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'Change Is on the Way': Ayanna Pressley Delivers Landslide Progressive Upset in Massachusetts

"It's not just good enough to see the Democrats back in power. It matters who those Democrats are."

Ayanna Pressley

Ayanna Pressley, Boston City Councilwomen and House Democratic candidate, gives a victory speech at her primary night gathering after her opponent Mike Capuano conceded on September 4, 2018 in Boston, Massachusetts. (Photo: Scott Eisen/Getty Images)

Notching yet another major upset win for the progressive movement over a corporate-funded establishment opponent, Boston city councilor Ayanna Pressley ousted 10-term incumbent Rep. Mike Capuano (D-Mass.) Tuesday night in a landslide victory that provided further evidence of grassroots hunger for transformational change within the Democratic Party.

"The only way we can beat the hate coming out from Washington is not with a vote—it's with a movement!"
—Ayanna Pressley

While Capuano is well-respected Democrat who built a solidly progressive voting record over his 20 years in Congress, Pressley argued that—in the age of Trump—Massachusetts' seventh congressional district and the nation need "bold, activist leadership."

"You saw what I saw: That these times demanded more from our leaders and our party," Pressley declared in her victory speech in Boston Tuesday night. "It's not just good enough to see the Democrats back in power. It matters who those Democrats are."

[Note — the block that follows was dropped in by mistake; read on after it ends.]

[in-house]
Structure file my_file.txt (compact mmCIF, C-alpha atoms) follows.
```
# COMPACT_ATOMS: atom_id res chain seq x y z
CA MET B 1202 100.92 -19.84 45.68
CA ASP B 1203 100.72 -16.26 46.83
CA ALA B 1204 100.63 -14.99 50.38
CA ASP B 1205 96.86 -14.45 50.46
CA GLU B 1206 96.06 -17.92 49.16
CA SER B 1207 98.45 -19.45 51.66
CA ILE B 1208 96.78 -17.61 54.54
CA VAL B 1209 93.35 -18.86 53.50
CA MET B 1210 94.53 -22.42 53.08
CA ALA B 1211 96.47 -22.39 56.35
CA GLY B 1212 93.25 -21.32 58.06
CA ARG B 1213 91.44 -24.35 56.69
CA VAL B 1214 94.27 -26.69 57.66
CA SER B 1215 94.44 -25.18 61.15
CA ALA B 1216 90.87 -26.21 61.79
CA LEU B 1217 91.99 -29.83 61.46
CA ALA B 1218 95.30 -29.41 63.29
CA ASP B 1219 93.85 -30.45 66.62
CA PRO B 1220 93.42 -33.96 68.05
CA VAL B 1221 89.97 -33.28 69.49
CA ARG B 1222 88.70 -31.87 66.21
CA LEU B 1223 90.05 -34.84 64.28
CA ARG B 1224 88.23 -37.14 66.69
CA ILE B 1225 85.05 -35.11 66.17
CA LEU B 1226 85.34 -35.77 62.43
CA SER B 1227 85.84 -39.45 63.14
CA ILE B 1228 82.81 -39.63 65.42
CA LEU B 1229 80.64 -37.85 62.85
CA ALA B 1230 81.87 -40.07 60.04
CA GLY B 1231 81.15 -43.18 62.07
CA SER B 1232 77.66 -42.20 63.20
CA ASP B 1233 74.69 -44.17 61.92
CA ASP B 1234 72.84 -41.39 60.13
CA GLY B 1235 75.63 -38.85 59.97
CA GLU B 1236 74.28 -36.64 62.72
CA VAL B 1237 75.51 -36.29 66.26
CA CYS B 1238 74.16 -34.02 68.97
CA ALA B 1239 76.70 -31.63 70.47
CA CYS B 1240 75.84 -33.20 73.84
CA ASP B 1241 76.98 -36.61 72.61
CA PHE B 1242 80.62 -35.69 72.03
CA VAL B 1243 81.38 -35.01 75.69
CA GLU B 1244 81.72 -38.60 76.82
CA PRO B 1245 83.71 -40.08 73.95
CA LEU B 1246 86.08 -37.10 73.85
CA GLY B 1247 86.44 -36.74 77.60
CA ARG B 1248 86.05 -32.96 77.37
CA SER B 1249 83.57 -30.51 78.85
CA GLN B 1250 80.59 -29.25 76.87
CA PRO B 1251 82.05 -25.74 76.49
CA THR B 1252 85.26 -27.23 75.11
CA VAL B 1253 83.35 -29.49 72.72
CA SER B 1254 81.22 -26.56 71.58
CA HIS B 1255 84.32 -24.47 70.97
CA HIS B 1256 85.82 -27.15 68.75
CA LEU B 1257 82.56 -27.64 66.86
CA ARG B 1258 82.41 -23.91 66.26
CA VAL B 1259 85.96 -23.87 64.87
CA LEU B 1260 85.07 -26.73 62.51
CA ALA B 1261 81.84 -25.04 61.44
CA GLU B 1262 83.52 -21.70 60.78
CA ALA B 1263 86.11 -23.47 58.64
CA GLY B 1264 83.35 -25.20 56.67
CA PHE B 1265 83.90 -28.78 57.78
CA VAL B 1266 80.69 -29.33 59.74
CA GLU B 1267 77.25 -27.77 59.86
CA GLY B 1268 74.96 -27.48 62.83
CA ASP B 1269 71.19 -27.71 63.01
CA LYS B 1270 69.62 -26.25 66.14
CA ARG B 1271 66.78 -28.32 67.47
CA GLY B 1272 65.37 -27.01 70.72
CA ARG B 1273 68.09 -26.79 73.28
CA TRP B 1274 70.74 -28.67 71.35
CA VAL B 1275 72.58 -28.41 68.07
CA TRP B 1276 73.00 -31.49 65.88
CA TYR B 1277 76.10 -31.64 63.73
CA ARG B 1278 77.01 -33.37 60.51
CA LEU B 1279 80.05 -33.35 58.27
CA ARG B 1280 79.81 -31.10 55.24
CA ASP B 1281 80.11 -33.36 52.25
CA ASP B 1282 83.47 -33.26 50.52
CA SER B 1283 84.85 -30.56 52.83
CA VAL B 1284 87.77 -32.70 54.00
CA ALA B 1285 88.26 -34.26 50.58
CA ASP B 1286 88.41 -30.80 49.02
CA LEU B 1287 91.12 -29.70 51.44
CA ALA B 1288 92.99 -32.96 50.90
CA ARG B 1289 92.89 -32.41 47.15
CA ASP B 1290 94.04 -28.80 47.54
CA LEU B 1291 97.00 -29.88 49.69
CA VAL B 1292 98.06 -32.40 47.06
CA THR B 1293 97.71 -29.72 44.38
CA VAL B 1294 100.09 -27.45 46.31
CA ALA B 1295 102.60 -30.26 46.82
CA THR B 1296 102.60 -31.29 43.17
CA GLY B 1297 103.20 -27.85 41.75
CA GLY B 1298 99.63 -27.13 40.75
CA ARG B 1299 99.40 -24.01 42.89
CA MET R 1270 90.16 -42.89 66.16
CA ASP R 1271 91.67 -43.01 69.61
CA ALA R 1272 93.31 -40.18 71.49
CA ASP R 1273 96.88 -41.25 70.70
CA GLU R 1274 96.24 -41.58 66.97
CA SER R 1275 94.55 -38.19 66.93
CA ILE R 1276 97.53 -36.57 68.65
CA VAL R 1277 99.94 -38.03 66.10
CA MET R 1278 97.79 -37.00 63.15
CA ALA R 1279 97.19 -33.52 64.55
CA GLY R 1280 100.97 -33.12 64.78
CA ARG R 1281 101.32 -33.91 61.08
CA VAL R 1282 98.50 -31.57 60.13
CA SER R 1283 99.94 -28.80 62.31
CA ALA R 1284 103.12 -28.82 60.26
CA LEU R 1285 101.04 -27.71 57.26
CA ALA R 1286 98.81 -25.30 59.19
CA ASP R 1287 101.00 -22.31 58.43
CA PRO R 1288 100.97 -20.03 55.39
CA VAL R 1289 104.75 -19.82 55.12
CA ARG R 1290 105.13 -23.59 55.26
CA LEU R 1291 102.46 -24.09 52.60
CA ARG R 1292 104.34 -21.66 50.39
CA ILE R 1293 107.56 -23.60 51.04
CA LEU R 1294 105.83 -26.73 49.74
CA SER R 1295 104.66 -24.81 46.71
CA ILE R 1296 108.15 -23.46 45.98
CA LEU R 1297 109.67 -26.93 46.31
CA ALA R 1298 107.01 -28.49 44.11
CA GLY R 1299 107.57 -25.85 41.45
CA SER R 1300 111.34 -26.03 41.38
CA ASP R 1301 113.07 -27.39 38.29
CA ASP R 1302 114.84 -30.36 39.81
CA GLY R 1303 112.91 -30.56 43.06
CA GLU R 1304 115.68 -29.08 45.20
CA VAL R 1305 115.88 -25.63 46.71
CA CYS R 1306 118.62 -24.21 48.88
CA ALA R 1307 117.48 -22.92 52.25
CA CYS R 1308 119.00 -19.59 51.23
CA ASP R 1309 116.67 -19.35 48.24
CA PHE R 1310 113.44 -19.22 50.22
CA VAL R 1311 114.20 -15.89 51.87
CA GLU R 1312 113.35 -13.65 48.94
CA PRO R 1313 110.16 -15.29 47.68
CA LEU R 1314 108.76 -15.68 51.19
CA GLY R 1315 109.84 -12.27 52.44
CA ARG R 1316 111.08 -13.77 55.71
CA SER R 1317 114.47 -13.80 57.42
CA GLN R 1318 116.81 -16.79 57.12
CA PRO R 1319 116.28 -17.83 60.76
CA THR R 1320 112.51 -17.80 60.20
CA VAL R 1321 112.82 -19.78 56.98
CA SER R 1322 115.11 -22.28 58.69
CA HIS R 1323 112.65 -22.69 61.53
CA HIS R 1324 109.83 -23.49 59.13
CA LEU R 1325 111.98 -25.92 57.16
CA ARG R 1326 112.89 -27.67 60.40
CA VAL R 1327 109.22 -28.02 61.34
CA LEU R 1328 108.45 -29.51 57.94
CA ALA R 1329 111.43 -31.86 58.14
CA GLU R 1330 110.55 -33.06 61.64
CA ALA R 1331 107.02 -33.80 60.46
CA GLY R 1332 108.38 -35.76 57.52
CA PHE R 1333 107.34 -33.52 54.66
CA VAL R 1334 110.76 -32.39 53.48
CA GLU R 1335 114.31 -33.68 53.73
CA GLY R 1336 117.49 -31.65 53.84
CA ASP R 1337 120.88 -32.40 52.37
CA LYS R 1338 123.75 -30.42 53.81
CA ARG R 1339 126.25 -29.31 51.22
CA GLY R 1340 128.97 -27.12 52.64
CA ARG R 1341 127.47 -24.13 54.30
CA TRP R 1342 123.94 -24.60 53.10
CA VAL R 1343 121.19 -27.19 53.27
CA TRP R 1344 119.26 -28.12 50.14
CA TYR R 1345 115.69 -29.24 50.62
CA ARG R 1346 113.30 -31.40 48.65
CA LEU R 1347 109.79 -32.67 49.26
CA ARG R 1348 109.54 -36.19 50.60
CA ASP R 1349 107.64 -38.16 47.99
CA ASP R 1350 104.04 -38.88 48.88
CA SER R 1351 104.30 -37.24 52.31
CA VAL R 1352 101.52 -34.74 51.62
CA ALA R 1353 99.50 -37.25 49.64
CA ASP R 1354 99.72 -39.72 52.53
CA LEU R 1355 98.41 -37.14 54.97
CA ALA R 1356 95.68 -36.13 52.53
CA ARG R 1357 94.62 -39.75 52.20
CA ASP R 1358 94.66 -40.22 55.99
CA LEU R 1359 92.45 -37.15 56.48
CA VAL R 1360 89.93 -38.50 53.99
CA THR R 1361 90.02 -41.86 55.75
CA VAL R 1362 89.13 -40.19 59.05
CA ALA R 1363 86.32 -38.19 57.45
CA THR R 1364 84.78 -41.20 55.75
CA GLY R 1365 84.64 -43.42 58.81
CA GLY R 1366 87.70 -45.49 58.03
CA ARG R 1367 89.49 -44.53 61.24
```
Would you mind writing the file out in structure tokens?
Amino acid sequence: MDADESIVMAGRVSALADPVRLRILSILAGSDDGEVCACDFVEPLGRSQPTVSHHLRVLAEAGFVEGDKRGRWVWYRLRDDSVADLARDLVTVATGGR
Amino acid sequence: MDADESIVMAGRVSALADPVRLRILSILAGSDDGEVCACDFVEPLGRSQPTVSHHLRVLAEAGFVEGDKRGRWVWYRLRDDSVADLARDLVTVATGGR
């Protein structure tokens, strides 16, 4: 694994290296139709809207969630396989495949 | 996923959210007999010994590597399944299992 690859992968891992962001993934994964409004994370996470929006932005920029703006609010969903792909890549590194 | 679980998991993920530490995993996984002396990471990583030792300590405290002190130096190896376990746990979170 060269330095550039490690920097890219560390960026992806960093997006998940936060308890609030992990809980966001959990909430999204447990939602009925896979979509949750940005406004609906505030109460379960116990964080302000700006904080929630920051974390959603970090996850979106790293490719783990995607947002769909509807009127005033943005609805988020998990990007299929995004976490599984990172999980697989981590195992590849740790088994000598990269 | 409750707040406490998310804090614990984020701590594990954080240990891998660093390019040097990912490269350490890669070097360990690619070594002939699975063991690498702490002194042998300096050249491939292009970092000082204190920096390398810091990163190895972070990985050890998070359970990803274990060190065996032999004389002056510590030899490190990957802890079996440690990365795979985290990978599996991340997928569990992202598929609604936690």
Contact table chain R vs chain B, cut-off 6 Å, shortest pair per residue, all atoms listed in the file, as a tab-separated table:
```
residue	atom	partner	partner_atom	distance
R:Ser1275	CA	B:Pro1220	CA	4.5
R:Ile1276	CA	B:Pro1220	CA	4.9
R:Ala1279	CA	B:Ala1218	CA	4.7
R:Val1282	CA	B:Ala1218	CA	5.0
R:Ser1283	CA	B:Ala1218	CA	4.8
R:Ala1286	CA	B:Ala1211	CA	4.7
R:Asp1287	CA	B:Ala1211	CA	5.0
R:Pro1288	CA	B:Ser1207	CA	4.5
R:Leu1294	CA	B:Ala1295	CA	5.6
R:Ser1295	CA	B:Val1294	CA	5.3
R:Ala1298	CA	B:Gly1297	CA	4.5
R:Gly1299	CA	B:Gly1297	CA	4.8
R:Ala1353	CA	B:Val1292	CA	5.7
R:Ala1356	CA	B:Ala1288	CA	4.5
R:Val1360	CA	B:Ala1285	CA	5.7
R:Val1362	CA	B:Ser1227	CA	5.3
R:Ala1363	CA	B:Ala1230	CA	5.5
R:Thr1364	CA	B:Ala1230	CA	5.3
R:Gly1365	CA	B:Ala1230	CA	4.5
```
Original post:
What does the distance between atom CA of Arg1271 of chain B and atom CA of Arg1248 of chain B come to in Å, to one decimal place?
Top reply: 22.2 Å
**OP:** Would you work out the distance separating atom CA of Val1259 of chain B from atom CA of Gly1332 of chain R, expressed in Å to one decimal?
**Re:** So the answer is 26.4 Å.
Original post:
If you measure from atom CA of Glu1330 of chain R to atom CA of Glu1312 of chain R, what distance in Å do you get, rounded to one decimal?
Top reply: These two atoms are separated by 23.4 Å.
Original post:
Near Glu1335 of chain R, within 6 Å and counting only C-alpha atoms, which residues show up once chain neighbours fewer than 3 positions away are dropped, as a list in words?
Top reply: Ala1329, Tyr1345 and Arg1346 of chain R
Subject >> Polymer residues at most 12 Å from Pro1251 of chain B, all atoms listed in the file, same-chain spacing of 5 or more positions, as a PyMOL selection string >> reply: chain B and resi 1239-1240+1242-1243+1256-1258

"It seems like change is on the way," Pressley added. "For the residents of the seventh congressional district, change can't wait."

Pressley—who is expected to win in November and become the first black woman to represent Massachusetts in Congress—contrasted her message of bold, movement-based politics with Capuano's decision to continue taking corporate PAC money and his refusal to embrace the growing grassroots call to abolish Immigration and Customs Enforcement (ICE).

"Let's push together to make Medicare for All, tuition free college, and living wages a reality in America—all without corporate PAC money."
—Alexandria Ocasio-Cortez

"A progressive voting record in the most progressive seat in the country is not enough," Pressley said during a recent campaign event. "The only way we can beat the hate coming out from Washington is not with a vote—it's with a movement!"

If recent upset victories for left-wing candidates in New York, Florida, Pennsylvania, and now Massachusetts are any evidence, this movement to oust the old guard of the Democratic Party and usher in young, ambitious progressives willing to challenge the traditional boundaries of American politics is rapidly gaining steam.

"This is not just a blue wave; this is a movement that's coming to Congress," New York congressional candidate Alexandria Ocasio-Cortez said during a June appearance with Pressley, before either woman had  defeated their supposedly safe Democratic opponents.

In a tweet Tuesday night, Ocasio-Cortez congratulated Pressley on her landslide victory and declared, "Let's push together to make Medicare for All, tuition free college, and living wages a reality in America—all without corporate PAC money."

Speaking to the New York Times Tuesday night, Boston-based Democratic strategist Mary Anne Marsh argued that Pressley's victory is "a big wake-up call to any incumbent on the ballot in November."

In contrast to Capuano, who enjoyed the backing of prominent congressional Democrats as well as Boston's mayor, Pressley received "little-to-no Democratic Party establishment support," noted the Post's Amber Phillips.

But, as Pressley declared in her victory speech Tuesday night, this lack of establishment support was overcome by a movement of "people who feel seen and heard for the first time in their lives."

"That is the real victory, that is bigger than any electoral victory," Pressley concluded. "And I want to thank you all for being foot soldiers in this movement and for ushering in this change."

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